Call for blog post topics from MadTree!

I’ve somehow talked the guys at MadTree into writing a guest blog post. Here’s the thing though, we can’t really decide what’d be best for them to write about. Due to our indecision we’re turning it over to you, our dear readers, to voice your opinion on what you’d like to read from them.

Just keep it beer or brewery related and we’ll take the idea that’s most popular or that we like the most. Leave a comment below, on the Queen City Drinks Facebook page, or shoot us a tweet. Here are some ideas that I had as well as that we’ve heard from folks on Twitter already:

  • strategies for acquiring tap handles and shelf space at bars and liquor stores
  • how they market themselves for the casual drinker vs the committed followers.
  • new seasonals, and marketing.
  • Suppose I’d like in-depth “why.” Obviously they love beer, but why the need to make it or people? also enjoy talk about branding/marketing. What’s the brewery’s unique voice? Why? How does it fill a hole as local biz?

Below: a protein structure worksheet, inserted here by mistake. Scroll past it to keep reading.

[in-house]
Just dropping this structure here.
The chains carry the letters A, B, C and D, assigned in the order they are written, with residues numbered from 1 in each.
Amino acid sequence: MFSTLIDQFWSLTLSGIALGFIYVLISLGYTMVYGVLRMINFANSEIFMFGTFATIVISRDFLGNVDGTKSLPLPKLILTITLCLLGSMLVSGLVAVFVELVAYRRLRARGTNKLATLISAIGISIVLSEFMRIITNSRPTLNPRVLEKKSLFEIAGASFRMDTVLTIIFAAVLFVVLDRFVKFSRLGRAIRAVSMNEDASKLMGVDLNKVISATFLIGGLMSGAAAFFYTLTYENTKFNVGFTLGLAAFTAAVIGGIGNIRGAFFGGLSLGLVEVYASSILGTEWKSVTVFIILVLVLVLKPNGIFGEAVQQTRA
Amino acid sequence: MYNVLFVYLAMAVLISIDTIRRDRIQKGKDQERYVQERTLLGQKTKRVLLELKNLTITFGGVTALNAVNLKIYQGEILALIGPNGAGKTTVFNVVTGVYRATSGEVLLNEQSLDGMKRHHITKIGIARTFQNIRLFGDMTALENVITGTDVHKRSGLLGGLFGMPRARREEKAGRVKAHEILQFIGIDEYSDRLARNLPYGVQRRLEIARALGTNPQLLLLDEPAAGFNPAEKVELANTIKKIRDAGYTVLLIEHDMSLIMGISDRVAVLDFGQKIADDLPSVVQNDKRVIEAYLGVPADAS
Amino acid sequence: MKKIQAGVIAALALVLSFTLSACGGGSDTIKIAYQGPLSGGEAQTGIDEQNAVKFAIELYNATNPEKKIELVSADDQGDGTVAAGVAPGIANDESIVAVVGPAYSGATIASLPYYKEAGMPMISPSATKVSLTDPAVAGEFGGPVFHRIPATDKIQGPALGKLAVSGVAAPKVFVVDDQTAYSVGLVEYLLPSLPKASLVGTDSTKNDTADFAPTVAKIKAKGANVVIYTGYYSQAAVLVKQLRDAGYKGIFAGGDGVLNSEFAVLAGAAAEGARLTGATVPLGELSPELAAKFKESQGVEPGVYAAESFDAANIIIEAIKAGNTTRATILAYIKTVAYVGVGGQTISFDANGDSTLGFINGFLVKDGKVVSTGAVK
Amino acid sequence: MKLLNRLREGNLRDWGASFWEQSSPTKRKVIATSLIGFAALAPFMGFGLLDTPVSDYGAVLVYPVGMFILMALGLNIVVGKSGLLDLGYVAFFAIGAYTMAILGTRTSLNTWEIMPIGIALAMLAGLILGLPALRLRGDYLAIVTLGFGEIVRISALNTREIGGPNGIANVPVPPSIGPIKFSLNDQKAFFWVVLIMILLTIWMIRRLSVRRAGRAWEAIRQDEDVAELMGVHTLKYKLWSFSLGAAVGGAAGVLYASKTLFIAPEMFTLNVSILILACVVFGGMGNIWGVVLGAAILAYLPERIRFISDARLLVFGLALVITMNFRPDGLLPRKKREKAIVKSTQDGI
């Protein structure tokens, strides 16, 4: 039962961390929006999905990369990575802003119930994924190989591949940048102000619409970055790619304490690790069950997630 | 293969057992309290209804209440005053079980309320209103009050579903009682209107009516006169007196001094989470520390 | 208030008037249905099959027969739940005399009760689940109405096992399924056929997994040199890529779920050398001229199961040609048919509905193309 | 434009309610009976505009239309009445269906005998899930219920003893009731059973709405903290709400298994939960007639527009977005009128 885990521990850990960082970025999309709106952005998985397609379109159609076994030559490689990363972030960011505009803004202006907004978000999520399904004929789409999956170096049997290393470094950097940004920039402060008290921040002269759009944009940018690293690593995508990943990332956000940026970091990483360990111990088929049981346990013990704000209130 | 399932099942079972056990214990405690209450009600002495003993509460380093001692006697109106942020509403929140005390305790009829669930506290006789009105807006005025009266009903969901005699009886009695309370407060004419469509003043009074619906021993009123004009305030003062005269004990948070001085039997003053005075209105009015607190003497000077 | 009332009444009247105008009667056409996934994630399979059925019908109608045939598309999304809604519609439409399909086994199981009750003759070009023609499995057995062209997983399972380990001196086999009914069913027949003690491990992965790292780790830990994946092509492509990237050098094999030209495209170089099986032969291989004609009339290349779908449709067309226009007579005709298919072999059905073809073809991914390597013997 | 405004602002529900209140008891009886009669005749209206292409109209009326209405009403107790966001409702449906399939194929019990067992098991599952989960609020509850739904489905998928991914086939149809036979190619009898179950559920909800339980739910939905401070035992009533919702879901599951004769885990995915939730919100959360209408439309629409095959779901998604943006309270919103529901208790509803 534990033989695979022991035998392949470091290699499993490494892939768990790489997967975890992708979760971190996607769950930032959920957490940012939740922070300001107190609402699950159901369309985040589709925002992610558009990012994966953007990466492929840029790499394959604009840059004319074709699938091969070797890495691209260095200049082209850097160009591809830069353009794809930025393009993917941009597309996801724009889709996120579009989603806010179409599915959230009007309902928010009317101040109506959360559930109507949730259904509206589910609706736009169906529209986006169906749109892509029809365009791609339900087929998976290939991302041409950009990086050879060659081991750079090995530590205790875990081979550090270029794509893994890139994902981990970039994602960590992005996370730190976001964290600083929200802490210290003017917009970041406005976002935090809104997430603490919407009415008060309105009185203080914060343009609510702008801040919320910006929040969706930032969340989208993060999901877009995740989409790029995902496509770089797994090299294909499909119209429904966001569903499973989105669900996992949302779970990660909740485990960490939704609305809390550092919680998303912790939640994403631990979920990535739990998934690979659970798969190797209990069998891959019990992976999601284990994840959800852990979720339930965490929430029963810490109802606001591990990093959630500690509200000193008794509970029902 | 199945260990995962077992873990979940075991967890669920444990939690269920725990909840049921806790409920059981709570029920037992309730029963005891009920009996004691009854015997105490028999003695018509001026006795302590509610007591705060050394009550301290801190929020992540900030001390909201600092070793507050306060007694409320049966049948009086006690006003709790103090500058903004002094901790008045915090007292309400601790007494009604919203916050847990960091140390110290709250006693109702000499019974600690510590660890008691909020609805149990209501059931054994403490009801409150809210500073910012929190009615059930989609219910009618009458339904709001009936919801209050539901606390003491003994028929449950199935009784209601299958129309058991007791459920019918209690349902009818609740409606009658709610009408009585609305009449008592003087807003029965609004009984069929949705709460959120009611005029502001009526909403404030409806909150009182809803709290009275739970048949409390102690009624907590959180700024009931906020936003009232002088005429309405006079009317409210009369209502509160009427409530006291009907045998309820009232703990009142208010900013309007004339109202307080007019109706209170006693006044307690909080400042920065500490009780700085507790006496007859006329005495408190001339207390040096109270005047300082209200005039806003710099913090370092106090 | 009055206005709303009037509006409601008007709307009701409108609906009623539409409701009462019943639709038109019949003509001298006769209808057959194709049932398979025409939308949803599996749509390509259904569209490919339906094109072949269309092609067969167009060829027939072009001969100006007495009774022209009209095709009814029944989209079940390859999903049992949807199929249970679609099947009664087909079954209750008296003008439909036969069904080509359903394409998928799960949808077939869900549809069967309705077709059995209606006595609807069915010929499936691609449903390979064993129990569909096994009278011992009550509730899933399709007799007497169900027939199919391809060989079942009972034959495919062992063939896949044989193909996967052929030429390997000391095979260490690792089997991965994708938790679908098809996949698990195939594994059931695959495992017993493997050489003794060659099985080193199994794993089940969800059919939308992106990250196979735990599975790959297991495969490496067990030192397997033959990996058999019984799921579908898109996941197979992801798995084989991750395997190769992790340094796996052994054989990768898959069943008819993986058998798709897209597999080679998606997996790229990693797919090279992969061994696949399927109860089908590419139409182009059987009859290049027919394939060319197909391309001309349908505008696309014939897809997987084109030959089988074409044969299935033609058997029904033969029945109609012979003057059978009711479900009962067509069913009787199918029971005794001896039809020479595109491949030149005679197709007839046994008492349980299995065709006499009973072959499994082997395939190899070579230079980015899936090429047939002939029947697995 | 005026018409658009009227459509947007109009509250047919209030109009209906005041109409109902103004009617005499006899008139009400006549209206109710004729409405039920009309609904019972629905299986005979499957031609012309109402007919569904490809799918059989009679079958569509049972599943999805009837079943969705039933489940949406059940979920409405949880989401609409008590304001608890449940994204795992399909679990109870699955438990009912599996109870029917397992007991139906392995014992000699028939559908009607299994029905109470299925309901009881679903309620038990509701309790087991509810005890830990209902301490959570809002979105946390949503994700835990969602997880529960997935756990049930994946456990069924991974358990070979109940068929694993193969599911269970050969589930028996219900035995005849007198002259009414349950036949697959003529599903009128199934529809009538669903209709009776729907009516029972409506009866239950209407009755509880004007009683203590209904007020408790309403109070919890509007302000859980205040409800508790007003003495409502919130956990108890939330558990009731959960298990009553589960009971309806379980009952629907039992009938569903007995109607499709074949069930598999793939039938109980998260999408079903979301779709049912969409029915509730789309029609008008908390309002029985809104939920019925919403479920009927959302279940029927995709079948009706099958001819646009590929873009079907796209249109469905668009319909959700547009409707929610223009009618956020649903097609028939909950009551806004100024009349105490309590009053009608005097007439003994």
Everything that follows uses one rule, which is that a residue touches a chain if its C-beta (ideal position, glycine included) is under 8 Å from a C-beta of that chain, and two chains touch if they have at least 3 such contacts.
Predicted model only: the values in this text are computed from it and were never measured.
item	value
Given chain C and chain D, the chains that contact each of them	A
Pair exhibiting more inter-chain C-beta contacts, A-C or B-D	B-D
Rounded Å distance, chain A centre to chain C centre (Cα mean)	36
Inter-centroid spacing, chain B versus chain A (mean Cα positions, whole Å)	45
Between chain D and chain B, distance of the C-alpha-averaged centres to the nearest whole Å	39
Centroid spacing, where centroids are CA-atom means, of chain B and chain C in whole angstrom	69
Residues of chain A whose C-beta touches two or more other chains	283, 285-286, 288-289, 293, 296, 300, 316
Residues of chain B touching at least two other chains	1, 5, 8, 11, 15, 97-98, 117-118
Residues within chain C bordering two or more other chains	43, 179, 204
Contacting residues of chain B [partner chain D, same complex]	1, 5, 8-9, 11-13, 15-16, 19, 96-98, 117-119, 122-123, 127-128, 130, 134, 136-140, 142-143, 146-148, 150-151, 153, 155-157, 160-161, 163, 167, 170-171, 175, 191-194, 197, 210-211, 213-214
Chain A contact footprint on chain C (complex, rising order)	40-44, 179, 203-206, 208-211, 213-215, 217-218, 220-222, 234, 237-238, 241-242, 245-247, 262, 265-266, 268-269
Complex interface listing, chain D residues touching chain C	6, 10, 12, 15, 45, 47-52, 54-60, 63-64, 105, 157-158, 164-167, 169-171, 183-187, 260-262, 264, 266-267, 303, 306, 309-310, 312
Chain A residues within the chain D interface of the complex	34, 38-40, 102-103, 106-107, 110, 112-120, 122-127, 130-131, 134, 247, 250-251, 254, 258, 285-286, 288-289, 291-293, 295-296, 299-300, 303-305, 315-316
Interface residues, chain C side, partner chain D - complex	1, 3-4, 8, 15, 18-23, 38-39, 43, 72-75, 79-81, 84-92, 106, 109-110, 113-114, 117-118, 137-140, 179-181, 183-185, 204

• Decision to go with cans instead of bottles and the process for actually canning the beer

Hopefully this guest post works out well for everyone and I can talk more local breweries into it later. But that will come then, for the time being you need to tell us what you want to read from MadTree!

Beer Review: Guinness Draught (can)

The state of Guinness in America has always surprised me a bit. In a nation of fizzy, yellow, and generally flavorless beer many bars have on tap this black as night, creamy, and semi-flavorful beer. Something I’m quite glad about. I’m no Guinness-fanatic, even though I’m mostly Irish, but I do prefer it over the fizzy yellow stuff. If you’ve never had a Guinness can or bottle, or if you’ve had and pondered what that clinky sound is, allow me to educate you on the widget. Nitrogen is a way of dispensing beer and is what helps make Guinness on tap so nice and creamy. To achieve that in a can/bottle they decided to create a “widget” basically a little nitrogen container that releases it’s nitrogen when you crack open the beer. Next time you open one of these listen closely and you’ll hear it go off. Widget or not I’m ready to drink.

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